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James Madison

James Madison Jr. was an American statesman, diplomat and Founding Father who served as the fourth president of the United States from 1809 to 1817. He is hailed as the "Father of the Constitution" for his pivotal role in drafting and promoting the Constitution of the United States and the United States Bill of Rights, he co-wrote The Federalist Papers, co-founded the Democratic-Republican Party, served as the fifth United States secretary of State from 1801 to 1809. Born into a prominent Virginia planter family, Madison served as a member of the Virginia House of Delegates and the Continental Congress during and after the American Revolutionary War, he became dissatisfied with the weak national government established by the Articles of Confederation and helped organize the Constitutional Convention, which produced a new constitution to supplant the Articles of Confederation. Madison's Virginia Plan served as the basis for the Constitutional Convention's deliberations, he was one of the most influential individuals at the convention.

Madison became one of the leaders in the movement to ratify the Constitution, he joined with Alexander Hamilton and John Jay in writing The Federalist Papers, a series of pro-ratification essays, one of the most influential works of political science in American history. After the ratification of the Constitution, Madison emerged as an important leader in the United States House of Representatives and served as a close adviser to President George Washington, he was the main force behind the ratification of the United States Bill of Rights, which enshrines guarantees of personal freedoms and rights within the Constitution. During the early 1790s, Madison came to oppose the economic program and accompanying centralization of power favored by Secretary of the Treasury Alexander Hamilton. Along with Thomas Jefferson, Madison organized the Democratic-Republican Party, which was, alongside Hamilton's Federalist Party, one of the nation's first major political parties. After Jefferson won the 1800 presidential election, Madison served as secretary of State from 1801 to 1809.

In that position, he supervised the Louisiana Purchase. Madison succeeded Jefferson with a victory in the 1808 presidential election. After diplomatic protests and a trade embargo failed to end British attacks against American shipping, he led the United States into the War of 1812; the war was an administrative morass and ended inconclusively, but many Americans saw it as a successful "second war of independence" against Britain. The war convinced Madison of the necessity of a stronger federal government, he presided over the creation of the Second Bank of the United States and the enactment of the protective Tariff of 1816, he retired from public office in 1817 and died in 1836. Madison is considered to be one of the most important Founding Fathers of the United States, historians have ranked him as an above-average president. James Madison Jr. was born on March 16, 1751, at Belle Grove Plantation near Port Conway, Virginia, to James Madison Sr. and Nelly Conway Madison. He grew up as the oldest of twelve children, with seven brothers and four sisters, though only six of his siblings would live to adulthood.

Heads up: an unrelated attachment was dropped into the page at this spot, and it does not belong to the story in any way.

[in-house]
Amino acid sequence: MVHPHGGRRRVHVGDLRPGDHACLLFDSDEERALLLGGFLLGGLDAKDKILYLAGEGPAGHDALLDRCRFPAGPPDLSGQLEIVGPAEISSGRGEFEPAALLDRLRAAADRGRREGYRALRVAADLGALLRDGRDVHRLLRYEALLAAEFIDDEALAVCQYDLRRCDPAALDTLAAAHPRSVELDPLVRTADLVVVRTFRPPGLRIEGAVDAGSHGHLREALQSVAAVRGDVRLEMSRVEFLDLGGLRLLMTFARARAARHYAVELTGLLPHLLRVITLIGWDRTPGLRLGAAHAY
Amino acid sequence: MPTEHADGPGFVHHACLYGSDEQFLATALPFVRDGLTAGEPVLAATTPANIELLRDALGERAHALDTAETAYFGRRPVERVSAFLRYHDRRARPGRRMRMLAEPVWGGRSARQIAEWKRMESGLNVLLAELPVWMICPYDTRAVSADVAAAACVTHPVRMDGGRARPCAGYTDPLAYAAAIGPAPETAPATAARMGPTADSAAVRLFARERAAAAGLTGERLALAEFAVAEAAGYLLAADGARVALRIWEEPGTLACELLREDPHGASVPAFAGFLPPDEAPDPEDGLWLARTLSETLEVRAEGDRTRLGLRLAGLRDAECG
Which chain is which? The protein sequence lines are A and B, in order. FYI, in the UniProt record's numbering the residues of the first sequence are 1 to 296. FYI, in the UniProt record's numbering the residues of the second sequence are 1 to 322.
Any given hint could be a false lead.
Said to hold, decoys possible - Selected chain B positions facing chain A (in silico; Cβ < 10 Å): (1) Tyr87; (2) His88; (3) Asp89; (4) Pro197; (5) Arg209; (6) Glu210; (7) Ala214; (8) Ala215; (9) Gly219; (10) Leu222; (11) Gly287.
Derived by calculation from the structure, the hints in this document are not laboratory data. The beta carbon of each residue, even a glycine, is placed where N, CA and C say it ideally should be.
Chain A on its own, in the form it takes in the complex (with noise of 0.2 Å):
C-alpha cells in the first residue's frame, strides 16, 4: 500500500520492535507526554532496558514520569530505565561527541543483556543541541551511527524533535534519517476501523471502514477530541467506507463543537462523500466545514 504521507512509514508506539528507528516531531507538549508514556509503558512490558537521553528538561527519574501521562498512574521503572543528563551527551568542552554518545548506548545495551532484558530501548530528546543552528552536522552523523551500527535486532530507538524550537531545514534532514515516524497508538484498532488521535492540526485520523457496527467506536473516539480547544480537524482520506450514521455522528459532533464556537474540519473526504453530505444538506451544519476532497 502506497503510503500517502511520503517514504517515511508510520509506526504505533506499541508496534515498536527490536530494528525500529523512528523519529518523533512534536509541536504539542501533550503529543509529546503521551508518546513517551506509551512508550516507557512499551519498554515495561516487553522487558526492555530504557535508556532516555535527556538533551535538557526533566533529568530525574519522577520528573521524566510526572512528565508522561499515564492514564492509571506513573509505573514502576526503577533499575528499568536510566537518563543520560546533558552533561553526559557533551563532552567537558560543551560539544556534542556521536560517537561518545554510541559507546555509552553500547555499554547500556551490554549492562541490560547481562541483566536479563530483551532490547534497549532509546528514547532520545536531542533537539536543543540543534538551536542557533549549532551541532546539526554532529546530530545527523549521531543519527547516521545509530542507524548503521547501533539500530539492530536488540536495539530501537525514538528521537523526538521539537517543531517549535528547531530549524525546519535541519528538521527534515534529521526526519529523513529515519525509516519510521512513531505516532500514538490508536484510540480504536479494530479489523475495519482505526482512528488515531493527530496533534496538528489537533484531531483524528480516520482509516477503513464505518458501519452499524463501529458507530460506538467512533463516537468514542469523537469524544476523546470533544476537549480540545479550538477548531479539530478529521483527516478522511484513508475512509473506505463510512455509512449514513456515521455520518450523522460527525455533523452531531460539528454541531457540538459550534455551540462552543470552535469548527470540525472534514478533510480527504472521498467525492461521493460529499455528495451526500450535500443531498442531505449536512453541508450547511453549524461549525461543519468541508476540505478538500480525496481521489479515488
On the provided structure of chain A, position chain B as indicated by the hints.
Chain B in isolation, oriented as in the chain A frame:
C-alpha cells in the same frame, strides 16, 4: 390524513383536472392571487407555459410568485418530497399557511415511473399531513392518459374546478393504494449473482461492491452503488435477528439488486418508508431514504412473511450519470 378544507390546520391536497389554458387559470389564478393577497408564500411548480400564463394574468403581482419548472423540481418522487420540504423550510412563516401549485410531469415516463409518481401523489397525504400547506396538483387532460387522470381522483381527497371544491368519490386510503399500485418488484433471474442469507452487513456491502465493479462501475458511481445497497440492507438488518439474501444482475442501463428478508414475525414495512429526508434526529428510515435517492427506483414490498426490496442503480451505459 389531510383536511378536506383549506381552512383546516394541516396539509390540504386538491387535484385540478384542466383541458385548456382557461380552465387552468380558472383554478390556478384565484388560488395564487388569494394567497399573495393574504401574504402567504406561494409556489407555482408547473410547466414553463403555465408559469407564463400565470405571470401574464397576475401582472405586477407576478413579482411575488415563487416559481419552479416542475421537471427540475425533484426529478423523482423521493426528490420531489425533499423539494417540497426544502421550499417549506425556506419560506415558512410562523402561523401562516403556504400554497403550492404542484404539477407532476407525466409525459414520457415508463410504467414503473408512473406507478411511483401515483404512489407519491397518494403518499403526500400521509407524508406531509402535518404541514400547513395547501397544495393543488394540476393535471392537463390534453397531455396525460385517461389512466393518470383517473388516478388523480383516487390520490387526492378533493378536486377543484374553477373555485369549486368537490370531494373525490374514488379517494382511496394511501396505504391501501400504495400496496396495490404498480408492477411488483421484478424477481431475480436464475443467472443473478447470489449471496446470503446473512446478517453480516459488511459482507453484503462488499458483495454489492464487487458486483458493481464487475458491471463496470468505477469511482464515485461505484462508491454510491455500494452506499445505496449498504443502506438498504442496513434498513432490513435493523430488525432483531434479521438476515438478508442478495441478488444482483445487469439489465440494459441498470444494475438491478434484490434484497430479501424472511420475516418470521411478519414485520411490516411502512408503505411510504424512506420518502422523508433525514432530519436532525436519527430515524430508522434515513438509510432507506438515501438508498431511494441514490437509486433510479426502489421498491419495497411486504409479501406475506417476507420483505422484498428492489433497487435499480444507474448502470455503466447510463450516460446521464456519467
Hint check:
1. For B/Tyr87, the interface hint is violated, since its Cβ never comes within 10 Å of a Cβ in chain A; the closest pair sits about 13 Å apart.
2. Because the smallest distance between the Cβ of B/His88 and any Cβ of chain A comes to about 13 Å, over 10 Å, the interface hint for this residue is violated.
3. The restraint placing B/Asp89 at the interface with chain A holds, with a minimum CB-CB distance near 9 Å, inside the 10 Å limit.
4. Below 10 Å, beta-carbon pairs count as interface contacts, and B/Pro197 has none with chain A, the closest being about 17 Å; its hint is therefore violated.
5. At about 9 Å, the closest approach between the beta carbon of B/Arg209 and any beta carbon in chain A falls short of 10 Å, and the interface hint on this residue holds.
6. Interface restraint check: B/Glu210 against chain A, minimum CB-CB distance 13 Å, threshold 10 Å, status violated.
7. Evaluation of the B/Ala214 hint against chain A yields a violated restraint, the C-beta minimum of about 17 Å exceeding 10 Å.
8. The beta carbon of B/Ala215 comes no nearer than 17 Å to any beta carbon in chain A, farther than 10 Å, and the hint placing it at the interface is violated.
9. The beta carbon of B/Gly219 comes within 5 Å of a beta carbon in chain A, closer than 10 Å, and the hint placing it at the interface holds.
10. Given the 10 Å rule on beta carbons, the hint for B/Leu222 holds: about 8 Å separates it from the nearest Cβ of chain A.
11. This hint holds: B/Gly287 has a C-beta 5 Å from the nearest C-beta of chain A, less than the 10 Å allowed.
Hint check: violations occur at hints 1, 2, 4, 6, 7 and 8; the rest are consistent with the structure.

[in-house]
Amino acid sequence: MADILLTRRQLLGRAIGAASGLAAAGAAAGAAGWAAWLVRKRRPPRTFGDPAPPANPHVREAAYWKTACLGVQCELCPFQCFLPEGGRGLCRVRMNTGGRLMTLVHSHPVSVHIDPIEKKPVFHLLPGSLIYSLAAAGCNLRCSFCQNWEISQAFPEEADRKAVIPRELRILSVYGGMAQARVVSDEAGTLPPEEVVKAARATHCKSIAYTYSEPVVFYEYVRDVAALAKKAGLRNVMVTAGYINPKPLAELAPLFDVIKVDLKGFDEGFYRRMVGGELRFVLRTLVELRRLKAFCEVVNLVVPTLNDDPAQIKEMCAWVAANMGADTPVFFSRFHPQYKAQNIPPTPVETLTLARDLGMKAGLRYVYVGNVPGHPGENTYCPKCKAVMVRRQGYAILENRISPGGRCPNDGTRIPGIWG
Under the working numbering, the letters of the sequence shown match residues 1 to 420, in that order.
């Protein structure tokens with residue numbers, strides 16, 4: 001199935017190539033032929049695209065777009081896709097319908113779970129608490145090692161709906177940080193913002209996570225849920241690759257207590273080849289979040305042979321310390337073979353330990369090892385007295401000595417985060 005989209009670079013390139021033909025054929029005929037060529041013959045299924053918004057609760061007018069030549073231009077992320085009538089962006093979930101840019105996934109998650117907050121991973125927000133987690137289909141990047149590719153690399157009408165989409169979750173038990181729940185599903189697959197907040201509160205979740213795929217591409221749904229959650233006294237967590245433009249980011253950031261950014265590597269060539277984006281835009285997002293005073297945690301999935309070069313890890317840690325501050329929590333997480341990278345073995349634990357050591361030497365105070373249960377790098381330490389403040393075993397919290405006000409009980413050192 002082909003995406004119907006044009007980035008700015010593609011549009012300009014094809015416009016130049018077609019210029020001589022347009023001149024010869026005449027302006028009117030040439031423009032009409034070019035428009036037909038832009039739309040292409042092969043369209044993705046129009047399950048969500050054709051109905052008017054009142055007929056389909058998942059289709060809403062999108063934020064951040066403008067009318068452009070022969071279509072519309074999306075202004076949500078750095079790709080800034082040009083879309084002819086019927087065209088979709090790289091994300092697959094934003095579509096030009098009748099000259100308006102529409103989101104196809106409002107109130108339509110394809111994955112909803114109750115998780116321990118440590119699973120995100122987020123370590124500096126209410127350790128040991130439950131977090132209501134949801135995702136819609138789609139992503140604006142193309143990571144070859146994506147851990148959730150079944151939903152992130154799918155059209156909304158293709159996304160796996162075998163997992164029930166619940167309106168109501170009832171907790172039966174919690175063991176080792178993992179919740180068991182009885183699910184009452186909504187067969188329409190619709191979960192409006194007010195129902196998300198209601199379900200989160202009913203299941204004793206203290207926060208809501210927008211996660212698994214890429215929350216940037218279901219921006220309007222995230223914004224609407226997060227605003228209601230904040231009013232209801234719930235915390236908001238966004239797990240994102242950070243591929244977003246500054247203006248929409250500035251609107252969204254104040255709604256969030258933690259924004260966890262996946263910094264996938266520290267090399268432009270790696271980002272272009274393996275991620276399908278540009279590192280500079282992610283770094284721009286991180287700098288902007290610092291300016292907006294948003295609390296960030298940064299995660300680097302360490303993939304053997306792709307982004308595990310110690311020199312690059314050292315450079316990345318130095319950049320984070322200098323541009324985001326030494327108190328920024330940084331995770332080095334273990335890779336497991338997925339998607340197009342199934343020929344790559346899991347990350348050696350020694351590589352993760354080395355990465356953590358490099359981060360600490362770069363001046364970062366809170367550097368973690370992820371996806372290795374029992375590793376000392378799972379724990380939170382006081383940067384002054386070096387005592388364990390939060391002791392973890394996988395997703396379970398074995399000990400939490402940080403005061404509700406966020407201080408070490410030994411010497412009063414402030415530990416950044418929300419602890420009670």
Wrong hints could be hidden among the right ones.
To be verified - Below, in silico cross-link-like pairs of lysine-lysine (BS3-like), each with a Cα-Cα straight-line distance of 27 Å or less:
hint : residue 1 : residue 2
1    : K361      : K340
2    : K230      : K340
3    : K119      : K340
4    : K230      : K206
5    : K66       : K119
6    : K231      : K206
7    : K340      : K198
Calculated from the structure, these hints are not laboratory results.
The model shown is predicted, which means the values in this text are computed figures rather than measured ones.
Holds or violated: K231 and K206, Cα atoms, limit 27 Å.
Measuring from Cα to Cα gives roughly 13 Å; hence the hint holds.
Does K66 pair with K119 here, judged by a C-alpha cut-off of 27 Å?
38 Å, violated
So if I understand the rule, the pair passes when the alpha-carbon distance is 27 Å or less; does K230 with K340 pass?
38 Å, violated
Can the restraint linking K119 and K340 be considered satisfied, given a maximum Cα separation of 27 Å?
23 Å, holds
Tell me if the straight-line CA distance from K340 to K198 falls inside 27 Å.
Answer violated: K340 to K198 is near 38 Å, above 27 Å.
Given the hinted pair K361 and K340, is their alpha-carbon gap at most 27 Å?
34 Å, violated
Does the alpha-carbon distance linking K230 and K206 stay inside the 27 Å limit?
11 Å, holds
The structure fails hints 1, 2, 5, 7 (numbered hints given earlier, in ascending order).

His father was a tobacco planter who grew up on a plantation called Mount Pleasant, which he had inherited upon reaching adulthood. With numerous slaves and a 5,000 acres plantation, Madison's father was the largest landowner and a leading citizen in the Piedmont. Madison's maternal grandfather was a prominent tobacco merchant. In the early 1760s, the Madison family moved into a newly built house. From age 11 to 16, Madison was sent to study under Donald Robertson, a Scottish instructor who served as a tutor for a number of prominent planter families in the South. Madison learned mathematics and modern and classical languages—he became proficient in Latin. At age 16, Madison returned to Montpelier, where he began a two-year course of study under the Reverend Thomas Martin in preparation for college. Unlike most college-bound Virginians of his day, Madison did not attend the College of William and Mary, where the lowland Williamsburg climate - thought to be more to harbor infectious disease - might have strained his delicate health.